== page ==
Paying it forward

Six years later, the L4E programme has yielded remarkable results. Forty-eight of the original 50 learners are still engaged in some form of tertiary study, beating (hands down) the dismal national odds for youth.4 Ngwenyama is now in his third year at the University of the Witwatersrand (Wits) in Johannesburg, Gauteng, studying for a BSc Pharmacy degree. In an effort to reach out and “pay it forward”, he has started his own nonprofit organisation to help youth navigate the transition to postschool learning. Here is a recent letter Ngwenyama wrote to Uplands Outreach:

I would like to tell you that ever since Uplands Outreach has been involved in my education, everything has gone well for me. I passed my second year at Wits and I am now in my third year and enjoying my pharmacy course. I am also still with the REAP bursary programme5 that you helped me apply for, and they remain good to me. I recently introduced an NPO (non-profit organisation) named Znicho Youth Development (ZYD) that focuses on helping the youth out there, basically giving back to my community and nearby. This idea wouldn’t have crossed my mind if it wasn’t for the Learners for Excellence (L4E) Saturday Maths programme and the skills I have acquired from it at Uplands.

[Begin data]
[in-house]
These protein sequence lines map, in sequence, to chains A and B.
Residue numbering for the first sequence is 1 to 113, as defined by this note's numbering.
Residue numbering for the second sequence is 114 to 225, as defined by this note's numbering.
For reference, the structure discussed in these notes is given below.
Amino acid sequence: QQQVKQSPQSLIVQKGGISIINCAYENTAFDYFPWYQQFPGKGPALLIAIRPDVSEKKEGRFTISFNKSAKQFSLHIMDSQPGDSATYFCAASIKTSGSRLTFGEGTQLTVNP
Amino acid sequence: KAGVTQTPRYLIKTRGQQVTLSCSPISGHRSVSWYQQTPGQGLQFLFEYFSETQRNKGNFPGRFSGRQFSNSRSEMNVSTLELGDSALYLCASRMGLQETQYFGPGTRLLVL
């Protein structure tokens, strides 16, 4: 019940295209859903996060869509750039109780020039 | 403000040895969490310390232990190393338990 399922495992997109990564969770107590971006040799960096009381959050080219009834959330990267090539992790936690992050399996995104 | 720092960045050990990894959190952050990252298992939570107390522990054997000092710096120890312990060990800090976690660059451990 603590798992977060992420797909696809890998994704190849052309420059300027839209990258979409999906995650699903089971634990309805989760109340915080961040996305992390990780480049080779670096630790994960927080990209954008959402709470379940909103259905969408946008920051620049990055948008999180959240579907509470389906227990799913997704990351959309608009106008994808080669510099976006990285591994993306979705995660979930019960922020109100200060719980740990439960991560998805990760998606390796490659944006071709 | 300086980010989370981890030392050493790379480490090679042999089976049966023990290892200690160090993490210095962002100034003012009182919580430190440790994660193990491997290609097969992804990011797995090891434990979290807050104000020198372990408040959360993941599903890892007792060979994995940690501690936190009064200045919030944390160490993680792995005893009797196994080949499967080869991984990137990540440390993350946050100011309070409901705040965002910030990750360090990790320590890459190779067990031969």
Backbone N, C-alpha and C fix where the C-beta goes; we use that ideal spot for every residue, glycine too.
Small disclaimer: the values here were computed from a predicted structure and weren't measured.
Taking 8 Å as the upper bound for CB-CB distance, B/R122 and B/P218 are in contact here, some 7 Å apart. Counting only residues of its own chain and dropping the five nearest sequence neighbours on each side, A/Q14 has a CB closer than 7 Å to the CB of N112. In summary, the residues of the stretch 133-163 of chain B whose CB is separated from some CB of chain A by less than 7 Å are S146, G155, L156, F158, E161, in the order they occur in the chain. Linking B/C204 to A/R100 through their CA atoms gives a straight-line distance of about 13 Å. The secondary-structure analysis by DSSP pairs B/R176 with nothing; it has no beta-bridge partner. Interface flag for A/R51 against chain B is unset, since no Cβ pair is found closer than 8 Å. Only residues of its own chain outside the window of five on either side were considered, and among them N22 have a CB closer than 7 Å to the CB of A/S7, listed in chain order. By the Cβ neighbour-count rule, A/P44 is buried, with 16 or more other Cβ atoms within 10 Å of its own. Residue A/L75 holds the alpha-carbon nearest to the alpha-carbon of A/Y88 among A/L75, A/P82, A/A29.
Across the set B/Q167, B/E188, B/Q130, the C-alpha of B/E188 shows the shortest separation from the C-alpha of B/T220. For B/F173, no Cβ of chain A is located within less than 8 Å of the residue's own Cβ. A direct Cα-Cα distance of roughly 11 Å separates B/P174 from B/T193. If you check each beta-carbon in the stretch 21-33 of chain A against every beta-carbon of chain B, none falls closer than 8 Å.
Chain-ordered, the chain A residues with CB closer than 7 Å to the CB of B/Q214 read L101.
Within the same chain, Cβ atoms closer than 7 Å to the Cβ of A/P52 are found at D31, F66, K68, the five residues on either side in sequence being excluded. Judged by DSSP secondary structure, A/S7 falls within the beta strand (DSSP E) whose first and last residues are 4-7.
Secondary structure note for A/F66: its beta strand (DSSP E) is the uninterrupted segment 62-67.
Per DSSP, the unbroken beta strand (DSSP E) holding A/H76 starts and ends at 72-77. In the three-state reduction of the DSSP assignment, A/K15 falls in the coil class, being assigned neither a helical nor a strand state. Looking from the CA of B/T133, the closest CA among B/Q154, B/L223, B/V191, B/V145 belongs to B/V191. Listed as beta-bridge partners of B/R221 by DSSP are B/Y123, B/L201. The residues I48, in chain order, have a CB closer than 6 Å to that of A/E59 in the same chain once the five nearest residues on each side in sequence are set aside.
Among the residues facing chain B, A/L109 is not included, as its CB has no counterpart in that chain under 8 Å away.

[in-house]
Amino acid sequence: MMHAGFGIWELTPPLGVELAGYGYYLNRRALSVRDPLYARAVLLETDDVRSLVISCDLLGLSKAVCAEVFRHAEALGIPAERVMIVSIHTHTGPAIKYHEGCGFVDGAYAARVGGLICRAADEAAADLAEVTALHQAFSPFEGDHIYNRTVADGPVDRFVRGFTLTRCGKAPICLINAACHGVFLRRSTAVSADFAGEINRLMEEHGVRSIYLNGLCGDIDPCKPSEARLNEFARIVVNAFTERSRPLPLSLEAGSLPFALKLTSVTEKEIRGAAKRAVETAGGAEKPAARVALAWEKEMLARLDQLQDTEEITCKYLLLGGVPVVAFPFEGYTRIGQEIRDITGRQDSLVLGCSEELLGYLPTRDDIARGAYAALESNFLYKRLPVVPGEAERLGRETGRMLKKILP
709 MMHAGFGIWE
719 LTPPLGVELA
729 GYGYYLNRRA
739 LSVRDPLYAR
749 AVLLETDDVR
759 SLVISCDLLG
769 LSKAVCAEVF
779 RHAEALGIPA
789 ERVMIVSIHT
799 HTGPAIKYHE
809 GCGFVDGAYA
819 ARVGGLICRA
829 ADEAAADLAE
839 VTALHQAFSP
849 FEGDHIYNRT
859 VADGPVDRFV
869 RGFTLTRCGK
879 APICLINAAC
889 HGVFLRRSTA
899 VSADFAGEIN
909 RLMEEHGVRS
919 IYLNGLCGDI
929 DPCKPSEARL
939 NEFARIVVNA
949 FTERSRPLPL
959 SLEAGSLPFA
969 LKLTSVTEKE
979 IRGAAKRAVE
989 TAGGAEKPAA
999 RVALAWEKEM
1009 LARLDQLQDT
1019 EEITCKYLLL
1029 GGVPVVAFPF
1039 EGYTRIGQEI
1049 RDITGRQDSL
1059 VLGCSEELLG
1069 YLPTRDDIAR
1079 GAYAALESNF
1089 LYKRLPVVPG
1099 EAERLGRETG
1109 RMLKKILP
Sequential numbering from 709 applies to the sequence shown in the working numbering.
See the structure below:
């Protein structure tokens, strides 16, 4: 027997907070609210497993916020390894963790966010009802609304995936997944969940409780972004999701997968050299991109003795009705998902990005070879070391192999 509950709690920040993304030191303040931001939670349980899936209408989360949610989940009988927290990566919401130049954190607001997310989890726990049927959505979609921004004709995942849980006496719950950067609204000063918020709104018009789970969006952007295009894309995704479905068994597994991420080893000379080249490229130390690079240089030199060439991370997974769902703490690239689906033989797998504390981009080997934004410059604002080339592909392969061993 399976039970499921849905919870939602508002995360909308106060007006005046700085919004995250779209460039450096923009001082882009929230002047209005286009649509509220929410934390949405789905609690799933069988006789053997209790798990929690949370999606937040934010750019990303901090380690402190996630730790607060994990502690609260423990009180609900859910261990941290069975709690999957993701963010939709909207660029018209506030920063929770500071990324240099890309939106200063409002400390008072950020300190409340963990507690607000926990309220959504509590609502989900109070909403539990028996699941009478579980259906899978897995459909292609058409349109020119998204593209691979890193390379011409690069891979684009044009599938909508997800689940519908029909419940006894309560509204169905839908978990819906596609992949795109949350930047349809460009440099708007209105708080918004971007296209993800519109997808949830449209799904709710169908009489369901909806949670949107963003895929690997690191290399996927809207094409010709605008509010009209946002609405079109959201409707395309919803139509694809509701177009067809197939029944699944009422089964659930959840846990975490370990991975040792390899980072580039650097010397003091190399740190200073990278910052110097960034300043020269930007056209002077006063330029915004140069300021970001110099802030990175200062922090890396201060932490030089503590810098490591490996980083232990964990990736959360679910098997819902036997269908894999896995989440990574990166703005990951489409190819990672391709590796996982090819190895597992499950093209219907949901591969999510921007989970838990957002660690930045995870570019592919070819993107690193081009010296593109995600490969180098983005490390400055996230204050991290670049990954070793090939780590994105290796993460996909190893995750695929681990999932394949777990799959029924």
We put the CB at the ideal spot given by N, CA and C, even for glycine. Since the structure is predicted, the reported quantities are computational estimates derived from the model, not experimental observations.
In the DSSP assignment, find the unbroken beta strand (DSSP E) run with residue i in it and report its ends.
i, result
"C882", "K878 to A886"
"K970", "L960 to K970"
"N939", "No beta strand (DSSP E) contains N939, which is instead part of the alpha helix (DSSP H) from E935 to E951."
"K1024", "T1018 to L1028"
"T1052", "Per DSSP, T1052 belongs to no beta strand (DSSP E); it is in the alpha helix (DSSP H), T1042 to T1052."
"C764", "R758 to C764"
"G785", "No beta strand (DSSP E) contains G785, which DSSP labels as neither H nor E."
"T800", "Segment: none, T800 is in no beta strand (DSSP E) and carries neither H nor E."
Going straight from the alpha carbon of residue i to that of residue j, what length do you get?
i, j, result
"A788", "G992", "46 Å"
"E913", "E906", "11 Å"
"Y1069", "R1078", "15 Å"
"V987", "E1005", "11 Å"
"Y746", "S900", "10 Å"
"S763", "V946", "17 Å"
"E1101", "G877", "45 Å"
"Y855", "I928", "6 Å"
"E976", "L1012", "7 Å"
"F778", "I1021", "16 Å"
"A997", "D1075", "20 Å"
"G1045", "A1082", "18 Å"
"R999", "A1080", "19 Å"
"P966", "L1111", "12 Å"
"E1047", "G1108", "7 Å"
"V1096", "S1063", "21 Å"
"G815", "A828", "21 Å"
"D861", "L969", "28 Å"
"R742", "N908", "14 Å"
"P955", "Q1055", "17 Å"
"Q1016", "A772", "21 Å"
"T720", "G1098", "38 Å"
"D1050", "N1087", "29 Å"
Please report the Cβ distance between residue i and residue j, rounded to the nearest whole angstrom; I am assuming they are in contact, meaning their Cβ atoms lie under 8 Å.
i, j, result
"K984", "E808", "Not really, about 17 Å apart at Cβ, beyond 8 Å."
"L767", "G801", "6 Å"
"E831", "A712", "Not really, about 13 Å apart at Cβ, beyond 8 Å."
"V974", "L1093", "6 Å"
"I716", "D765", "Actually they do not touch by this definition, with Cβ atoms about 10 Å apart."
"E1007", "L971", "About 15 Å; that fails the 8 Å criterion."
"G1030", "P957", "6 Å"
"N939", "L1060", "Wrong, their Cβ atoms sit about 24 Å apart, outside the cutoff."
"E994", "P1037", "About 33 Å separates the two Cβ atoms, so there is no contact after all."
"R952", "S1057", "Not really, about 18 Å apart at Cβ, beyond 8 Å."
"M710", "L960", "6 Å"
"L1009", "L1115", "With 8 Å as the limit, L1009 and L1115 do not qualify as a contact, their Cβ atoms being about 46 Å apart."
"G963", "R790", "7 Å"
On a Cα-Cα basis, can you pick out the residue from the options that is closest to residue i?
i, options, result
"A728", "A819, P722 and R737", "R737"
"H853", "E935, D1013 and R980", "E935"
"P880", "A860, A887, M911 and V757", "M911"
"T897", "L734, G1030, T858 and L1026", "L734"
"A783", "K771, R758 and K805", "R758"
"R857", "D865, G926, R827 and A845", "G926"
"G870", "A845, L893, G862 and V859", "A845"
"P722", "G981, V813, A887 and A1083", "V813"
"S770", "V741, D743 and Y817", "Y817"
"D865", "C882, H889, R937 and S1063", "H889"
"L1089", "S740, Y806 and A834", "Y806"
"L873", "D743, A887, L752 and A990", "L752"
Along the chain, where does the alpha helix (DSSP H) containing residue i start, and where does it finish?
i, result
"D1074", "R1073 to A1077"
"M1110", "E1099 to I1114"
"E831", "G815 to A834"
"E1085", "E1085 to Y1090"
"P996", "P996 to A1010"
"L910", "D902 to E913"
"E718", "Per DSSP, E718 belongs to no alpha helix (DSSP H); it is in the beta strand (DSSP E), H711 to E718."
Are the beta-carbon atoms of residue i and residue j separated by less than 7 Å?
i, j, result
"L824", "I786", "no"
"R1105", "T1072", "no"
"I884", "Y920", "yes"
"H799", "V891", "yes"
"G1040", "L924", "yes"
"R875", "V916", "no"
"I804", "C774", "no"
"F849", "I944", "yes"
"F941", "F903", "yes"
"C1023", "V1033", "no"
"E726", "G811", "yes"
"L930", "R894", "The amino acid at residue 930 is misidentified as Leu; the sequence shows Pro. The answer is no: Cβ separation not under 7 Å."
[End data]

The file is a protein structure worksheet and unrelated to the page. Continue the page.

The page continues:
Passionate partnerships

Established in 1994, Uplands Outreach works closely with 34 partner schools in the Insikazi School Circuit area in Mpumalanga. Its vision is to boost performance and raise educational achievement for all South Africa’s children. As part of an independent school (Uplands Preparatory and College), the organisation is committed to extending the benefits of independent quality schooling to the greater community.

For maximum impact, Uplands Outreach works in one school circuit only, at leader, educator and learner levels in an approach known as “systemic alignment”. Nicky de Bruyn is the director of Uplands Outreach, and Mandrew Nyambi is the Insikazi circuit manager. Every programme that Uplands Outreach undertakes is designed and implemented in consultation with Nyambi. In addition, Nyambi sits on the Uplands Outreach executive committee, and provides solid input on a variety of issues. Respect, communication and consultation are key features of the relationship between Uplands Outreach and the school circuit office.